Like many other creatives during this time, Restack has reflected on her own role as an artist during the pandemic and the ensuing social unrest in the United States.
By Verena Thomson
As a professor, Sheilah Restack encourages her students to be courageous in their work; to show vulnerability, an idea which has certainly translated into her own work. Her latest exhibition, Hold Hold Spill, is a reminder of the old, but ever loved snapshots which we hold in our wallets. Folded and opened along the same creases time and time again, they are stored in our pockets, and carried with us as we go about our daily lives. This body of work serves as a comforting reminder that we are more than the roles and spaces we occupy; a tender and nostalgic reference to queer identity and motherhood.
Restack’s shyness as a child has resulted in an intense craving to creatively convey and express emotion years later. The result? A touching response to fine-art photography, which has since evolved to include a fresh interpretation of camera-less photography. She is one of many contemporary artists whose work nudges the boundaries of tradition. Abstracted forms of photography have the ability to break artistic boundaries and reimagine creative expression to make something much more malleable. It is an innovative outlook that reinvents the relationship between the photographer and their tool. For Restack, the tool is her own body; she carries her prints with her, through her day to day activities, walks with them attached to her, and even sleeps on them, imprinting an impressionistic physical form. The outcome is a tangible representation of her loved ones and herself; their physical shape preserved on photo paper as a photogram.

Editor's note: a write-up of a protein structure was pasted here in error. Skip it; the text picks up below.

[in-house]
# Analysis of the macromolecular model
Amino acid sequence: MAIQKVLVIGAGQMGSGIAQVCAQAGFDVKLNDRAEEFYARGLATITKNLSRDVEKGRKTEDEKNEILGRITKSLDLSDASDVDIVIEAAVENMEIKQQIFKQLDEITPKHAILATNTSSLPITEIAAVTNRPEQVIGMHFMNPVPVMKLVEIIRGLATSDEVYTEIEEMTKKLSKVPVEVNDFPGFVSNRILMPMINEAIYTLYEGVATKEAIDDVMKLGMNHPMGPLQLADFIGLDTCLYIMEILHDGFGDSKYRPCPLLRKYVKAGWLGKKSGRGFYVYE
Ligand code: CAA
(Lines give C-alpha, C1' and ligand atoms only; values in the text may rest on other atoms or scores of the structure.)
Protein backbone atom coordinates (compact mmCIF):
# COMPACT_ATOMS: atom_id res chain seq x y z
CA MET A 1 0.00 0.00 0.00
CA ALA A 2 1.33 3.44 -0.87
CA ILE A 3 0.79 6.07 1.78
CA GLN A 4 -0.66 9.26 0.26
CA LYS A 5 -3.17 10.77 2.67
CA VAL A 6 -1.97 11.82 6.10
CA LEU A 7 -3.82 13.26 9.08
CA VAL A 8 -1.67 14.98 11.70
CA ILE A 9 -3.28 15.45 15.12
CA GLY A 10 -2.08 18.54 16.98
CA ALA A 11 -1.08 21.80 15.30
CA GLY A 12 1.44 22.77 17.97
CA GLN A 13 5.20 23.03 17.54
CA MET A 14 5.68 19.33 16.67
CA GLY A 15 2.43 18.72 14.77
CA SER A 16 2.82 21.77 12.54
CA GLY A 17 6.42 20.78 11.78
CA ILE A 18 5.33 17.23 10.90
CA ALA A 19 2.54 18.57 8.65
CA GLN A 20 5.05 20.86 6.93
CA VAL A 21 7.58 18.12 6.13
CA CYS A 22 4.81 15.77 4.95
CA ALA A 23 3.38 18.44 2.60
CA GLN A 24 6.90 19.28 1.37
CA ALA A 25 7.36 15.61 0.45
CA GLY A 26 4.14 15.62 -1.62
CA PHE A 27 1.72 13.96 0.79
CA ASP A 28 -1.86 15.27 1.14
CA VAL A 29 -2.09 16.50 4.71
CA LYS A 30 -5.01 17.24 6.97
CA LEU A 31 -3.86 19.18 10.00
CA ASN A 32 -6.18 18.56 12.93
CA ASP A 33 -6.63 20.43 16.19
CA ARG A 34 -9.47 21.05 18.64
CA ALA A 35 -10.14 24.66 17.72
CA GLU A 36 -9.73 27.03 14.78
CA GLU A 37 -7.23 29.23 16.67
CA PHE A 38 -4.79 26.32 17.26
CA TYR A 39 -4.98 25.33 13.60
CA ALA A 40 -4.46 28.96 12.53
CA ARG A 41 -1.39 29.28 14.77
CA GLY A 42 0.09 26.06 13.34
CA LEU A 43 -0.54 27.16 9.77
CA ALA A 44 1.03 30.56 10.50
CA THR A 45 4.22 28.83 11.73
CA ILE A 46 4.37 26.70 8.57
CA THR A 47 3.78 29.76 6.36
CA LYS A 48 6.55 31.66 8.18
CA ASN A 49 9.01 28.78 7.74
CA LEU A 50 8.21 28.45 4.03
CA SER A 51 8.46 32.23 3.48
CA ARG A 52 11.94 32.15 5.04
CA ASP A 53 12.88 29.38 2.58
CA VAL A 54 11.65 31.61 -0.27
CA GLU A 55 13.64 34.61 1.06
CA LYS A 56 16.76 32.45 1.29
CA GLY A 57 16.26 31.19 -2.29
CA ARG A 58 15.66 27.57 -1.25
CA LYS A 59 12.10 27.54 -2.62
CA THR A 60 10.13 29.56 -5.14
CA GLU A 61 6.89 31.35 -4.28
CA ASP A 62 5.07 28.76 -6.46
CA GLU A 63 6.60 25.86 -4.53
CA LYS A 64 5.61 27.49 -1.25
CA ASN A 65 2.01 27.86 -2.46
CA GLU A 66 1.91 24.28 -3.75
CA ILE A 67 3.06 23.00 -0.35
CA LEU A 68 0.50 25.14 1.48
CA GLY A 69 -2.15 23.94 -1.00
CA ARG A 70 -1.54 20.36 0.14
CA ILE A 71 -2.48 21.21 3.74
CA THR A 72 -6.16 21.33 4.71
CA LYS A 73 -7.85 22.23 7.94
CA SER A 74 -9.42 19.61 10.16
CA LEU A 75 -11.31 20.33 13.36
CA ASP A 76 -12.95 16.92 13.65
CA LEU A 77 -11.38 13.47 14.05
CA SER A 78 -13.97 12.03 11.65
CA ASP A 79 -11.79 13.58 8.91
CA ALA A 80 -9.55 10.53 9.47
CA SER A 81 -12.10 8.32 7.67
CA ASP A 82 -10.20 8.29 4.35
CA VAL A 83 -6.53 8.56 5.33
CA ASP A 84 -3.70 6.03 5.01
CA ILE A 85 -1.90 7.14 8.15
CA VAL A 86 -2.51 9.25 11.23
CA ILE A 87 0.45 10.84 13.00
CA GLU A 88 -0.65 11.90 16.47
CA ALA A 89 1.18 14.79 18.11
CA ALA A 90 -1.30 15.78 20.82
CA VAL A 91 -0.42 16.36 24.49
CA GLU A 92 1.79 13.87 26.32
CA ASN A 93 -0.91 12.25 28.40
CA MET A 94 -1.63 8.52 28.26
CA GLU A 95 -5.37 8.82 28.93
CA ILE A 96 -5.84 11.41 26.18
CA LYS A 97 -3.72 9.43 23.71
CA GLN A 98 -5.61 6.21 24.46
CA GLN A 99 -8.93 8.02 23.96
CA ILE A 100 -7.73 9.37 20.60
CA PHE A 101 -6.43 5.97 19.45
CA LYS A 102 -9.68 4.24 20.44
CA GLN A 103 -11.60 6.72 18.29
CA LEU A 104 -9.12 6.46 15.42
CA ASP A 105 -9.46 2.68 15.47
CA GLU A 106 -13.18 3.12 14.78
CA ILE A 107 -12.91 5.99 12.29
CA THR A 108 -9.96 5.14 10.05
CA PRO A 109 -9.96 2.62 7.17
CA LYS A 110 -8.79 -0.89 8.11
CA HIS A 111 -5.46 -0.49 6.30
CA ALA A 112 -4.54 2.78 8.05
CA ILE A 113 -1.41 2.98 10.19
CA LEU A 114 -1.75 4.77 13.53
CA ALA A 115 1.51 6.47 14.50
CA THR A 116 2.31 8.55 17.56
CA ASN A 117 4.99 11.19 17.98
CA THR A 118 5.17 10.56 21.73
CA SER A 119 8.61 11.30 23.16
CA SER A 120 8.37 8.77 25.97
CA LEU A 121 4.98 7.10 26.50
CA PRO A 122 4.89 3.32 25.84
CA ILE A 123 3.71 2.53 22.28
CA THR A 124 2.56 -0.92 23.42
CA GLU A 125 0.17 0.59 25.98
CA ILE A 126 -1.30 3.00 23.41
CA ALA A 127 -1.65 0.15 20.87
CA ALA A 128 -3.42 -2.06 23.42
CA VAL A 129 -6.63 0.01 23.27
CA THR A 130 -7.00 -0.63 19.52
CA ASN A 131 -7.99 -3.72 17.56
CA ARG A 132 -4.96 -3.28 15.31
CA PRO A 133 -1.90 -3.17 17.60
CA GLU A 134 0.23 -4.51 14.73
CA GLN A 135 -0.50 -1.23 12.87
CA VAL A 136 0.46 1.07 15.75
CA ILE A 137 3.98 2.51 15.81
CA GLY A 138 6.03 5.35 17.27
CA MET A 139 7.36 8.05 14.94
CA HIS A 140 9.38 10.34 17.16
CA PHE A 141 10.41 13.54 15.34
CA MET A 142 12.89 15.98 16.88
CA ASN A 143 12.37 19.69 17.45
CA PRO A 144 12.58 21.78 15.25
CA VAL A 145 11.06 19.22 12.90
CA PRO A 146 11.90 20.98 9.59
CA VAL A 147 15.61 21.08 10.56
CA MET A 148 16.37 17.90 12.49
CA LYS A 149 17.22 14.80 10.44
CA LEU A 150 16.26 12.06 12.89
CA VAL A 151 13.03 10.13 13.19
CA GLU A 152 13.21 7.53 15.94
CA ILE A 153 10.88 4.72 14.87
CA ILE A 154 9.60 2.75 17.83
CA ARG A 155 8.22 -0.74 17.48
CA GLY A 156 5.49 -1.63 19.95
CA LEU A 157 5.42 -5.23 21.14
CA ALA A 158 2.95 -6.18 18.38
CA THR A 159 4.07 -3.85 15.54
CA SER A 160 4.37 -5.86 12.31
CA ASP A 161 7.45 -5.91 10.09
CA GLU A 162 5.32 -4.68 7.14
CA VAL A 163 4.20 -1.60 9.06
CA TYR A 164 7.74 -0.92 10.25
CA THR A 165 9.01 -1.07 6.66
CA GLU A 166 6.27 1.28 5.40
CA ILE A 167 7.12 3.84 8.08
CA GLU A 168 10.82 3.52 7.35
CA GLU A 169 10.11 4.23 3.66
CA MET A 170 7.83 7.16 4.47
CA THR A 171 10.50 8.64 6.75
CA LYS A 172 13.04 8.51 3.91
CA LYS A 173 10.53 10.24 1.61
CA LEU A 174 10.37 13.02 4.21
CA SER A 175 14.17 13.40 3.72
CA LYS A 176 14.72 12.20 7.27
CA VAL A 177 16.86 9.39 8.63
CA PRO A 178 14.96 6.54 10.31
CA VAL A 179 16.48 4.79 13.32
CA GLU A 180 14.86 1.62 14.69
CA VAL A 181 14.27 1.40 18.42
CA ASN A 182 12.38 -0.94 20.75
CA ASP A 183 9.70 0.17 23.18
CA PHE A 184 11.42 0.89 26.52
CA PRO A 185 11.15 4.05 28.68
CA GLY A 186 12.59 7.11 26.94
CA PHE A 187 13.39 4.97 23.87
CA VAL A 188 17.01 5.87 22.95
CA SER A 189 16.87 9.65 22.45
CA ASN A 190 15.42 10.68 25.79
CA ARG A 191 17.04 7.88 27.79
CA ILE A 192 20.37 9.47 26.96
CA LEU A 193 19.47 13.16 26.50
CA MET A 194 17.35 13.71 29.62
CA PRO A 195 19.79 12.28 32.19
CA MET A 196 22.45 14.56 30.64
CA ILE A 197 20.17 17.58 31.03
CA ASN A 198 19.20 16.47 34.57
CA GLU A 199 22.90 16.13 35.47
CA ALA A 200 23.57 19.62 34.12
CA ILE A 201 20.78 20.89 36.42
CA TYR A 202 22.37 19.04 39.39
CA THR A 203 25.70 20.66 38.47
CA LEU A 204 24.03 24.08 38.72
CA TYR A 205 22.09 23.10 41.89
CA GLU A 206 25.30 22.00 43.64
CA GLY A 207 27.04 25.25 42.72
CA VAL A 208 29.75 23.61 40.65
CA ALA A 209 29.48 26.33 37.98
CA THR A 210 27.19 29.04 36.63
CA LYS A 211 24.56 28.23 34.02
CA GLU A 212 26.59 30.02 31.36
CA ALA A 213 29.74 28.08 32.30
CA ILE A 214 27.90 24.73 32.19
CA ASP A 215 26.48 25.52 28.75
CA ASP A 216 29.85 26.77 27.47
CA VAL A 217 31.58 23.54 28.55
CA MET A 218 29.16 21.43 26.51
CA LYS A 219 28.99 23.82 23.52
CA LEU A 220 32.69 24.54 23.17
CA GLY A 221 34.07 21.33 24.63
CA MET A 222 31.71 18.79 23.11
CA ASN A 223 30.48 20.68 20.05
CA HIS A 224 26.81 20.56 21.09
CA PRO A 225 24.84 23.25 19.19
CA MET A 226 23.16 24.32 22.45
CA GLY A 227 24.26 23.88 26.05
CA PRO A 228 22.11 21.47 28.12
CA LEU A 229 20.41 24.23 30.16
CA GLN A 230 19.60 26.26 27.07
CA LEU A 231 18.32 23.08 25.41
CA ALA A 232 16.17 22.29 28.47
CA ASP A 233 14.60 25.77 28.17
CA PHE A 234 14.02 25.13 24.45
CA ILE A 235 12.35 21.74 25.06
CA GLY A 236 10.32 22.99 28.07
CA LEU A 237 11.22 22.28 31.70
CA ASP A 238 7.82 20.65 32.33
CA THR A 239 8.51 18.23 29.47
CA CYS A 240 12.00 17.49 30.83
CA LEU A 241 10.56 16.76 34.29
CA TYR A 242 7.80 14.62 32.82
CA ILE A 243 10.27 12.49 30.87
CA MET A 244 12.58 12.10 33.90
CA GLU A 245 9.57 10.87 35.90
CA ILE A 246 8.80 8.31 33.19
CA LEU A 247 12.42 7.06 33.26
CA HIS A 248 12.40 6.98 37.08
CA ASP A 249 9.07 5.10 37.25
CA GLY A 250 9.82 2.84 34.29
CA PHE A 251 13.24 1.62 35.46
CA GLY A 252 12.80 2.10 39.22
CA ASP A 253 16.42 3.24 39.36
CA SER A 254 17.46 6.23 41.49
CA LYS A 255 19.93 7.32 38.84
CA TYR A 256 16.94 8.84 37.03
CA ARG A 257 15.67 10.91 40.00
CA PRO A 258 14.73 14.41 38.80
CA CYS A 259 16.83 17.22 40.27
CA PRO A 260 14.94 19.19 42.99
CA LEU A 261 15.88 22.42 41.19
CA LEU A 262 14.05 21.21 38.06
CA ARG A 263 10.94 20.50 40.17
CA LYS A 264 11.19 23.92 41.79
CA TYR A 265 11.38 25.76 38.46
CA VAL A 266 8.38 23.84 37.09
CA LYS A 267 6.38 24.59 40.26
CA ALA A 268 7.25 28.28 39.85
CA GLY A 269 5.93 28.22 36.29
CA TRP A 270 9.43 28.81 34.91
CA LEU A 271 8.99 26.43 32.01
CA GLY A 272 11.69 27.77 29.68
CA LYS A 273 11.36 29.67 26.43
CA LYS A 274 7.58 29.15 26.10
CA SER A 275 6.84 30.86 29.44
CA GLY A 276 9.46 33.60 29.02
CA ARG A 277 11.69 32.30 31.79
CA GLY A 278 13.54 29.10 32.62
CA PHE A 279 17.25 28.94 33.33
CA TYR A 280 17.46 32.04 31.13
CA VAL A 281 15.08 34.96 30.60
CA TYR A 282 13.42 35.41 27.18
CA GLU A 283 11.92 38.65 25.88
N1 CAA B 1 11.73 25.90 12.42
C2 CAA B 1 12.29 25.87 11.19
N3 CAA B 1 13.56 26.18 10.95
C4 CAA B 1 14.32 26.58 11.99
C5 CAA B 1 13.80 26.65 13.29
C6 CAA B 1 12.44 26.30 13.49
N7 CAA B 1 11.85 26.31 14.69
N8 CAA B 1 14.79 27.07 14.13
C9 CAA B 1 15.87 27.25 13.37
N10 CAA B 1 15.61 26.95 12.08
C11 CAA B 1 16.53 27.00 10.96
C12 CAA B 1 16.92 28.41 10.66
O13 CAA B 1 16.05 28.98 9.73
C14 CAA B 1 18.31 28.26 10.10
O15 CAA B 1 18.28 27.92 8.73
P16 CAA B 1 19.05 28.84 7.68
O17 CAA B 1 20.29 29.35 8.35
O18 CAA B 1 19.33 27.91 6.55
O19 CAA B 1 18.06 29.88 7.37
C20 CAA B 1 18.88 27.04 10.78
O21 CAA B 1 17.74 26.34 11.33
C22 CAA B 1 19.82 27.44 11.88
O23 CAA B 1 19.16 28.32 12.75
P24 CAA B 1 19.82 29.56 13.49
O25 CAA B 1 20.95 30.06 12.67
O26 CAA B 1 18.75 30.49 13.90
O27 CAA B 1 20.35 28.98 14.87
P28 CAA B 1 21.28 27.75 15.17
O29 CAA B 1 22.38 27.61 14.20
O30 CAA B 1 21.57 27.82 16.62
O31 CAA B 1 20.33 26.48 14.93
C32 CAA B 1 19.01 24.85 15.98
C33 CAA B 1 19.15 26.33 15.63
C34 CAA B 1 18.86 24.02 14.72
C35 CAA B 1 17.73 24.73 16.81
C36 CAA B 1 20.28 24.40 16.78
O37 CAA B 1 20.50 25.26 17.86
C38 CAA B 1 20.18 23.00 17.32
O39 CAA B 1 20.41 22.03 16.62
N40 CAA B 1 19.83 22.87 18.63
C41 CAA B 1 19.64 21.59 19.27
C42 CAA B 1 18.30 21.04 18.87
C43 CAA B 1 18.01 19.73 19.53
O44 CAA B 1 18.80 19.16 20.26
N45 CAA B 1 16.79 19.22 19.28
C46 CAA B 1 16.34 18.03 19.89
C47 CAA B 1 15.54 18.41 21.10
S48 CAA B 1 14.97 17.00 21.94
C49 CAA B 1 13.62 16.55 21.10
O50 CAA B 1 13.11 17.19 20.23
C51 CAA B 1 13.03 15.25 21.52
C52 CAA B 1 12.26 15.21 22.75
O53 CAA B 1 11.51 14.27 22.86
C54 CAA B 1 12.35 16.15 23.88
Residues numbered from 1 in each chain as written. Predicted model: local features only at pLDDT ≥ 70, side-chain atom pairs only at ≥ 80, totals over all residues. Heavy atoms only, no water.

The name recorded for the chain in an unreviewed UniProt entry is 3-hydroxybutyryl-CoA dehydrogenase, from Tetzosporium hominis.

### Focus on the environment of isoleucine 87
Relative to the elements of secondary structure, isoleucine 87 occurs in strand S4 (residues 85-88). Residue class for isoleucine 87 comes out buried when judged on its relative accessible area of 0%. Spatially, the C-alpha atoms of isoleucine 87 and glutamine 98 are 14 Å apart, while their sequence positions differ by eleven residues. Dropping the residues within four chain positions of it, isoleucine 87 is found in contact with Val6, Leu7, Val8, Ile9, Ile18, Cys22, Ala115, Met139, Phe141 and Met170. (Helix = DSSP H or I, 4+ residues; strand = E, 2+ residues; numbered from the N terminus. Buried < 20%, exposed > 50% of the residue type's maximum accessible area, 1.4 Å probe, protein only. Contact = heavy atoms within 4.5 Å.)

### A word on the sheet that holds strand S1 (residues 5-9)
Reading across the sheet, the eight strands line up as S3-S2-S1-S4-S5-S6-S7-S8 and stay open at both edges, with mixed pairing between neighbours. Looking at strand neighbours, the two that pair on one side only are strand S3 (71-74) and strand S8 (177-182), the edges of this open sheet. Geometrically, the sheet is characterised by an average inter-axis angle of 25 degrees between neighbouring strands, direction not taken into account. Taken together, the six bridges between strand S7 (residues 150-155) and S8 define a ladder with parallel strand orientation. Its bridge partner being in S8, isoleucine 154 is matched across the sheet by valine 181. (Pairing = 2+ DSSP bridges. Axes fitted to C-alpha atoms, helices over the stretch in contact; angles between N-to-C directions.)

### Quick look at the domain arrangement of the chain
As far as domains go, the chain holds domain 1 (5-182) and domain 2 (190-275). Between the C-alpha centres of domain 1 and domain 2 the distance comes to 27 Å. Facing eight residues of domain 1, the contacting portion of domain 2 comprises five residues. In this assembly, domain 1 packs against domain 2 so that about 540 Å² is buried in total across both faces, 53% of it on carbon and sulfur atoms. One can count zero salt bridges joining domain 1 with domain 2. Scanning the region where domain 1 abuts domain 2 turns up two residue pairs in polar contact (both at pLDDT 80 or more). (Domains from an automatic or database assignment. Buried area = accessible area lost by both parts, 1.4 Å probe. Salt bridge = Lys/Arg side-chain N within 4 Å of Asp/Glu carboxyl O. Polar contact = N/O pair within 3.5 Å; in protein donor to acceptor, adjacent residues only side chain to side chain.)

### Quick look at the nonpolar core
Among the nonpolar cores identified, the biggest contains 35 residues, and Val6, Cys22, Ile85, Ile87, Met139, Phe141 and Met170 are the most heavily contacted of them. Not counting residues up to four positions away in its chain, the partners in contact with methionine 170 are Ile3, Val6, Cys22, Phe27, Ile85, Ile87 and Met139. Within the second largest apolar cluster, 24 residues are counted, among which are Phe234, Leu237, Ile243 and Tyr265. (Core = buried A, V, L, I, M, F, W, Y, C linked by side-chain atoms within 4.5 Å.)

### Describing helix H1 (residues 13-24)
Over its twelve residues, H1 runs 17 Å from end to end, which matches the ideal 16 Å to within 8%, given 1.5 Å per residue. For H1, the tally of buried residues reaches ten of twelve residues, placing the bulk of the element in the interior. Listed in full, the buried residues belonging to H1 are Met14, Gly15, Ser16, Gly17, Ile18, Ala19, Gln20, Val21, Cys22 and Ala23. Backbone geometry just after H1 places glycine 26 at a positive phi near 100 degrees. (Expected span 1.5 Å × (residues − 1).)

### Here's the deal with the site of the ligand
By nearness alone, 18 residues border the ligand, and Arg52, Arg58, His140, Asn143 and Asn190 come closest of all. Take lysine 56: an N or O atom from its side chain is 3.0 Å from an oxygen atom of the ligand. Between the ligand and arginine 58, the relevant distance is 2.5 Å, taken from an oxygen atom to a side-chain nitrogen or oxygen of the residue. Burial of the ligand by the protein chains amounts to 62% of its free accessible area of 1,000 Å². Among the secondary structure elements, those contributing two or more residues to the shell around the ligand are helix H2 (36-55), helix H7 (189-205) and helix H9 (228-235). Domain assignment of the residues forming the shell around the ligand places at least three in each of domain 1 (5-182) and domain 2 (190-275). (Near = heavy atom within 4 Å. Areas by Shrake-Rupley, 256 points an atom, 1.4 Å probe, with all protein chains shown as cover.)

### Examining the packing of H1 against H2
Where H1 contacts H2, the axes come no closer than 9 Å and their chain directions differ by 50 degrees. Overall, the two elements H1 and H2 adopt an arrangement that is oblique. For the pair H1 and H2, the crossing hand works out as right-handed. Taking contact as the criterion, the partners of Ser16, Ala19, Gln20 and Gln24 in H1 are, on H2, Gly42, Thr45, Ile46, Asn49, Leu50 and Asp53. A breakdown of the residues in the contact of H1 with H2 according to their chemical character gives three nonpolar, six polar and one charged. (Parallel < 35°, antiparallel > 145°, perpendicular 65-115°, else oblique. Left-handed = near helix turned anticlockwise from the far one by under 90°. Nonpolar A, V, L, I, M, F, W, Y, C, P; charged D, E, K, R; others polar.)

Each piece is characterised by being almost sculptural in construction. A wig draped across a photogram; an old photograph stitched onto a print; a hidden note that reads “nothing as unnatural as what mistakenly falls under natural domain”. The brightest piece, Rabbit was assembled from a piece of felt and fiber walking print, attached with acetate and thread to a cement block. Despite using different materials, there is cohesive tonality across the space- natural, muted colors that offer a sense of peace.
Perhaps one of the most interesting materials a bag full of dill weed taken from Headlands Art Center in California, where Restack completed an artist residency in 2016. The piece Hold House sits on the floor; a board held up by a metal rod and a rock. The dill weed breaks down and slowly seeps its mustard color into the water. It is a constant reminder of the precariousness of personal relationships. They can spill over at any moment yet are taken with us wherever we go and transform alongside us. This idea of affection is further reflected in the titles of each artwork in this series, as they refer to personal relationships and the idea of embrace or holding someone close.